121. A method for identifying a genomic coding sequence in an isolated or cultured vertebrate cell comprising:
(a) introducing into an isolated or cultured vertebrate cell
(i) a nucleic acid fragment comprising a nucleic acid sequence comprising (i) a detectable marker coding sequence encoding a detectable marker or a selectable marker, (ii) a splice acceptor site and (iii) an internal ribosome entry site; wherein the splice acceptor site and internal ribosome entry site are each operably linked to the detectable marker coding sequence, the nucleic acid sequence positioned between at least two inverted repeats that can bind to an SB protein, the inverted repeats comprising at least one direct repeat comprising a nucleic acid sequence selected from the group consisting of SEQ ID NO:6, SEQ ID NO:7, SEQ ID NO:8, SEQ ID NO:9 and SEQ ID NO:10, and wherein the SB protein comprises an amino acid sequence having at least 80% identity to SEQ ID NO:1, is capable of binding to the inverted repeat sequence of at least one of SEQ ID NO:4 and SEQ ID NO:5, and is capable of catalyzing the integration of the nucleic acid fragment into DNA in an isolated or cultured vertebrate cell; and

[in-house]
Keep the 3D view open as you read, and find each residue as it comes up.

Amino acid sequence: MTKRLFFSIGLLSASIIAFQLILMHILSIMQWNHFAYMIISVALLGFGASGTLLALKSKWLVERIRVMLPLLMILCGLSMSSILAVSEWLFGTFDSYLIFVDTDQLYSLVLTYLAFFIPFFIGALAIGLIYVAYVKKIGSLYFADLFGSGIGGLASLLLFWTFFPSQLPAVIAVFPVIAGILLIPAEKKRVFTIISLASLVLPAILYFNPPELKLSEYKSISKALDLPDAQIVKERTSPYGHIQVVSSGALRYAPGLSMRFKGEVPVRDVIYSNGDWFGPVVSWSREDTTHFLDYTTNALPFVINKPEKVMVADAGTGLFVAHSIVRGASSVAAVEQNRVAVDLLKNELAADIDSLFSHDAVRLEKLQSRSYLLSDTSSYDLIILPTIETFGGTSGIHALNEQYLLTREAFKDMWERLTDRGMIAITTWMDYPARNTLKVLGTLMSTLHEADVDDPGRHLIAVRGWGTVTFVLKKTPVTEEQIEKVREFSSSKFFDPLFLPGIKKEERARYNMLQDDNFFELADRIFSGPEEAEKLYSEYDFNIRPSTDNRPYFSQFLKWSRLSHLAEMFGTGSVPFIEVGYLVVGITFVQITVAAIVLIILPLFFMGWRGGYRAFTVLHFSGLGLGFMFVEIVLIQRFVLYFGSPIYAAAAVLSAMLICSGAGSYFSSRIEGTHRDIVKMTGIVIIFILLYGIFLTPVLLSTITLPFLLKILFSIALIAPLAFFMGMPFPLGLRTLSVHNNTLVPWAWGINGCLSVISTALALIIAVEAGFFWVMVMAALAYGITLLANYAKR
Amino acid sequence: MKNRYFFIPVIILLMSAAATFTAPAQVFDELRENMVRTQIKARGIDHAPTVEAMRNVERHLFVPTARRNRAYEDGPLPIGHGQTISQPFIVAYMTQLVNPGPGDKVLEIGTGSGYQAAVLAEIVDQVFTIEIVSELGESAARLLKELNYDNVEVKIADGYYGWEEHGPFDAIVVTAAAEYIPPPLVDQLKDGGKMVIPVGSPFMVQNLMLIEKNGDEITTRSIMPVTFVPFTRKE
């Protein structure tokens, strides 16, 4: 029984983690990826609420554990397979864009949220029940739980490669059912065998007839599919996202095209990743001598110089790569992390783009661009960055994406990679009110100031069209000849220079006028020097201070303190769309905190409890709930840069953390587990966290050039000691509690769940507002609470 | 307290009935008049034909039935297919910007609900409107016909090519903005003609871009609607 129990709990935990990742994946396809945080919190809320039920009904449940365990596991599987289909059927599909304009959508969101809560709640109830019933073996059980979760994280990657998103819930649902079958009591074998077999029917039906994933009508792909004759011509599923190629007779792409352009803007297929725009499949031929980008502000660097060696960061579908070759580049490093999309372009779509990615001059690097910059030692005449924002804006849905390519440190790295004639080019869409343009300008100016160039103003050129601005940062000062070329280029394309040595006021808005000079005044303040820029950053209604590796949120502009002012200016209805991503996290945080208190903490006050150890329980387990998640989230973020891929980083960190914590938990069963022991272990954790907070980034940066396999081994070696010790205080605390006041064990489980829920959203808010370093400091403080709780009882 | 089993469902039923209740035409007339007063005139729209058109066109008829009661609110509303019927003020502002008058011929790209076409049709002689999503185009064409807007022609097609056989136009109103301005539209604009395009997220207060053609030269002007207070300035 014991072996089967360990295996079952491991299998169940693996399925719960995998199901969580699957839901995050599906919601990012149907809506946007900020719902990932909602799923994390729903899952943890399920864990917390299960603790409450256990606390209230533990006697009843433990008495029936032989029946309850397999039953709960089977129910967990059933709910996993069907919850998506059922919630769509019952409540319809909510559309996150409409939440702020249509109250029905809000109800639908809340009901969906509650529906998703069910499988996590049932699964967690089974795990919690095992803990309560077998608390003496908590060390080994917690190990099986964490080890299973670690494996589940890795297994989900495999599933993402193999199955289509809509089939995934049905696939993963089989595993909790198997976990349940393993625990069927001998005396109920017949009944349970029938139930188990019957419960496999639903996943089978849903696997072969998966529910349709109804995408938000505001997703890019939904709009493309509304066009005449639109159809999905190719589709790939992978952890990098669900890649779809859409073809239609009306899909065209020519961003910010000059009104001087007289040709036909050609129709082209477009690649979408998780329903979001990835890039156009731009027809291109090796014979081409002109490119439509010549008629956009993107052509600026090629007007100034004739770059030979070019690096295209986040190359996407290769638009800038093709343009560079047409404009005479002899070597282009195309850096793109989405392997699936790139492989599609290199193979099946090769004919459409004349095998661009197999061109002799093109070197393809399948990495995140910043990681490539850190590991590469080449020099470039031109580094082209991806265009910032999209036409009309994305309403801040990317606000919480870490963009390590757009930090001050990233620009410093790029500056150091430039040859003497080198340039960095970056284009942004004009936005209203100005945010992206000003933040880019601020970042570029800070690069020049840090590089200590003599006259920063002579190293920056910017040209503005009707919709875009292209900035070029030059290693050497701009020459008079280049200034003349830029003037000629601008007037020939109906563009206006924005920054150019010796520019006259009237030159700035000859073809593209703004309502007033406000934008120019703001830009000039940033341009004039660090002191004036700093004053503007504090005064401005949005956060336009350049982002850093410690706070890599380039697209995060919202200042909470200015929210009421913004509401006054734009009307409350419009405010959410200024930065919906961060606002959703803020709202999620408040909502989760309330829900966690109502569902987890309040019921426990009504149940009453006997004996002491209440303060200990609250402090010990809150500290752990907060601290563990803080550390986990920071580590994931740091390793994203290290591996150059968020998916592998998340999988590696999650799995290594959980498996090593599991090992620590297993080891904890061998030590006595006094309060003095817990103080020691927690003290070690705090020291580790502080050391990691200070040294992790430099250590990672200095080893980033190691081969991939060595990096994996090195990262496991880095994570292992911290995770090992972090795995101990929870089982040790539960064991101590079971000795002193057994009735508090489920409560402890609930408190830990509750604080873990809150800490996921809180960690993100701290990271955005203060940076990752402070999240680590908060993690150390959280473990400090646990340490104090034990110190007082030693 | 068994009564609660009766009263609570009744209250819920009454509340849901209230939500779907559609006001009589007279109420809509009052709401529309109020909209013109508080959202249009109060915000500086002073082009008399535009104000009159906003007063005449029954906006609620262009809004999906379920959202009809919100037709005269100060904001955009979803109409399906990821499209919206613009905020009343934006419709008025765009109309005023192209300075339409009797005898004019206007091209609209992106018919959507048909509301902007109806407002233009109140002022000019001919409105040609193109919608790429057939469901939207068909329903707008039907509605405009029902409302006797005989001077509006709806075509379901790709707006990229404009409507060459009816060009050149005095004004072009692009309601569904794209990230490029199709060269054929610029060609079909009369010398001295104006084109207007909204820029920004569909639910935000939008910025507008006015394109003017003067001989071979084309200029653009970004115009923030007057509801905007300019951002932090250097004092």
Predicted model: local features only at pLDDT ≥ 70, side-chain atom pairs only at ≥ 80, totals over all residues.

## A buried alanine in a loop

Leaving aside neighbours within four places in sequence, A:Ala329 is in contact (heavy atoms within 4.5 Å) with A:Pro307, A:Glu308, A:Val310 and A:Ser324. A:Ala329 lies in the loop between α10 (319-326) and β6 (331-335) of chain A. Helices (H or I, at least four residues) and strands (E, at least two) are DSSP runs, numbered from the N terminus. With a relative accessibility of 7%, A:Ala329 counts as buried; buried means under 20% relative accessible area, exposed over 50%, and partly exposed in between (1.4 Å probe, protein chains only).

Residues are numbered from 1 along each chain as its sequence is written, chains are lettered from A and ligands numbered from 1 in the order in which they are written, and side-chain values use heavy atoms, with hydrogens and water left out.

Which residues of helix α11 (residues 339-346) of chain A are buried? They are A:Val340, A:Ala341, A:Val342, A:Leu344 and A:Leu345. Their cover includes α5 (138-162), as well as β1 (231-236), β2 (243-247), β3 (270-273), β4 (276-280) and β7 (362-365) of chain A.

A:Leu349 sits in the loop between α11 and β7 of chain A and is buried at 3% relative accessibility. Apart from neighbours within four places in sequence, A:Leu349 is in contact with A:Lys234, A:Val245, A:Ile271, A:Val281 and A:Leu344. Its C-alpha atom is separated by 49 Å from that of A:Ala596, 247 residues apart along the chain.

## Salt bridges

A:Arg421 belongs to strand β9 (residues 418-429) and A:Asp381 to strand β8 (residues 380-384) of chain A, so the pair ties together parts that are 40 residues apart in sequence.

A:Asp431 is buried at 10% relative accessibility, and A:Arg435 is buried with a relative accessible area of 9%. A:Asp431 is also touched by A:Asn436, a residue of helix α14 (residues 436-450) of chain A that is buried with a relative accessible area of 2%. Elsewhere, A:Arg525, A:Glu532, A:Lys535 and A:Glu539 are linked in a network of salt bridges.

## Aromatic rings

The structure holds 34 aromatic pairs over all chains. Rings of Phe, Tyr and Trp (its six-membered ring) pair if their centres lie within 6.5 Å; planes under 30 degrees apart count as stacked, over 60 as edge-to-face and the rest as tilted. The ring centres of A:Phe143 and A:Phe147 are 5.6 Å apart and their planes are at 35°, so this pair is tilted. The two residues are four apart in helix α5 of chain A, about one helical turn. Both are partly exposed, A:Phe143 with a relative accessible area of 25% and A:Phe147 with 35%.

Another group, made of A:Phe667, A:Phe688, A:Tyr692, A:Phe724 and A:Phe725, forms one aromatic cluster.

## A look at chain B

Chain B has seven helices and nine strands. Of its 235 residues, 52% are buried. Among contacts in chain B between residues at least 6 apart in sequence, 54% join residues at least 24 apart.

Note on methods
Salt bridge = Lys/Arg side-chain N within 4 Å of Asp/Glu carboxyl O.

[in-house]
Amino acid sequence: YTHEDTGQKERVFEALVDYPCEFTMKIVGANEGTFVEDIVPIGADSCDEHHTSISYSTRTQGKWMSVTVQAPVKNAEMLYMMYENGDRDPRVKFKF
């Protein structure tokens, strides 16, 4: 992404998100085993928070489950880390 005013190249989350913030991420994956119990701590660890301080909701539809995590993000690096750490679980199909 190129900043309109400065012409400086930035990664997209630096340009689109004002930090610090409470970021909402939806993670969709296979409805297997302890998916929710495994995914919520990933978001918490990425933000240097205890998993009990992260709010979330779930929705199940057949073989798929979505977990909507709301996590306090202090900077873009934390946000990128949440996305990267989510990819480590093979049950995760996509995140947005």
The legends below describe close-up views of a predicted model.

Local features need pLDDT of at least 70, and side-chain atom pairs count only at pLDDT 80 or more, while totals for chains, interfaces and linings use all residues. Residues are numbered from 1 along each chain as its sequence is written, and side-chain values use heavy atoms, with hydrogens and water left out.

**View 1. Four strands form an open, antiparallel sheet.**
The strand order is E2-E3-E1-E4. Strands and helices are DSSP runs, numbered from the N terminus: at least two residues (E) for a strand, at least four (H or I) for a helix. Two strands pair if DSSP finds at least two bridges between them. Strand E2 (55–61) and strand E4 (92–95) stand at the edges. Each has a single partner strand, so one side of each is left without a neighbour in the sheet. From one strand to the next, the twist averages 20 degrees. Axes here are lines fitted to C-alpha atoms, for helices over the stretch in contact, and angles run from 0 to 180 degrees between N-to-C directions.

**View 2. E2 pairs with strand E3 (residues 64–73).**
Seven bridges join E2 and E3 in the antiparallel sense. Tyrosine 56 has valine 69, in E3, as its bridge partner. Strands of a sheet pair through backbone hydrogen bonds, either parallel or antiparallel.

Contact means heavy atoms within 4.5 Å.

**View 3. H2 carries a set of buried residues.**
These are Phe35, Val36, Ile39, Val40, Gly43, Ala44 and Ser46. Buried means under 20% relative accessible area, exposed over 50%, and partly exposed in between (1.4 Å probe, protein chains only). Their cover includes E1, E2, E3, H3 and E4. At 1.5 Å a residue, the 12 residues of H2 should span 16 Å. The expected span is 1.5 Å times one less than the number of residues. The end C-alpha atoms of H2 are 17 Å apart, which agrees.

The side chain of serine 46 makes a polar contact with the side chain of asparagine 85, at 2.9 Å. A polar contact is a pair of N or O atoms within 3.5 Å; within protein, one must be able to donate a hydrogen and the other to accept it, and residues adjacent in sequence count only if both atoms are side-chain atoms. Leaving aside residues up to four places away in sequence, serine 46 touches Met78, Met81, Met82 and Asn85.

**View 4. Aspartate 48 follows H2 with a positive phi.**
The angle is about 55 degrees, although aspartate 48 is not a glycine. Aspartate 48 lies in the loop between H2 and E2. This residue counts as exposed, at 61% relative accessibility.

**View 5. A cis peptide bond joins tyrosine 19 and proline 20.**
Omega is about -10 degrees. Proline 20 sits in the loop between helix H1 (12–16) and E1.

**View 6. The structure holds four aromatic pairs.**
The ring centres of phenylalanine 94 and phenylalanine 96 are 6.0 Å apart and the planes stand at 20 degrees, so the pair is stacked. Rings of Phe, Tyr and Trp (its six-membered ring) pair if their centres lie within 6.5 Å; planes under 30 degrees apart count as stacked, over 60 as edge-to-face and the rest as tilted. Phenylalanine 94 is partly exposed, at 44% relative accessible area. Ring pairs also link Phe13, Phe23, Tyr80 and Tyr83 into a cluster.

(ii) a transposase source selected from the group consisting of a transposase and a nucleic acid encoding a transposase, wherein the transposase is an SB protein;
(b) detecting the detectable marker or the selectable marker in the cell or its progeny containing the nucleic acid fragment, wherein expression of the detectable marker or the selectable marker indicates that the nucleic acid fragment has integrated within a genomic coding sequence of the cell or its progeny.
122. The method of claim 121 wherein the detectable marker or the selectable marker is expressed spatially and temporally in the same way as the genomic coding sequence is expressed when not interrupted.
123. The method of claim 121 wherein the vertebrate cell is a pluripotent or totipotent vertebrate cell.
124. The method of claim 123 wherein the pluripotent or totipotent vertebrate cell is selected from the group consisting of an oocyte, a cell of an embryo, an egg and a stem cell.
125. The method of claim 121 wherein the detectable marker is green fluorescent protein.
126. The method of claim 121 wherein the selectable marker is neomycin.
127. The method of claim 121 further comprising (c) determining whether a phenotype of a cell that contains the nucleic acid fragment is altered in comparison to a cell that does not comprise the nucleic acid fragment.
128. The method of claim 121 further comprising, prior to (b), growing the cell into an animal.
129. The method of claim 128 further comprising step (c) of determining whether a phenotype of an animal that contains the nucleic acid fragment is altered in comparison to an animal that does not comprise the nucleic acid fragment.
130. The method of claim 121 wherein the transposase source is an mRNA encoding the transposase.
131. The method of claim 121 wherein the transposase source is a transposase.
132. The method of claim 121 further comprising: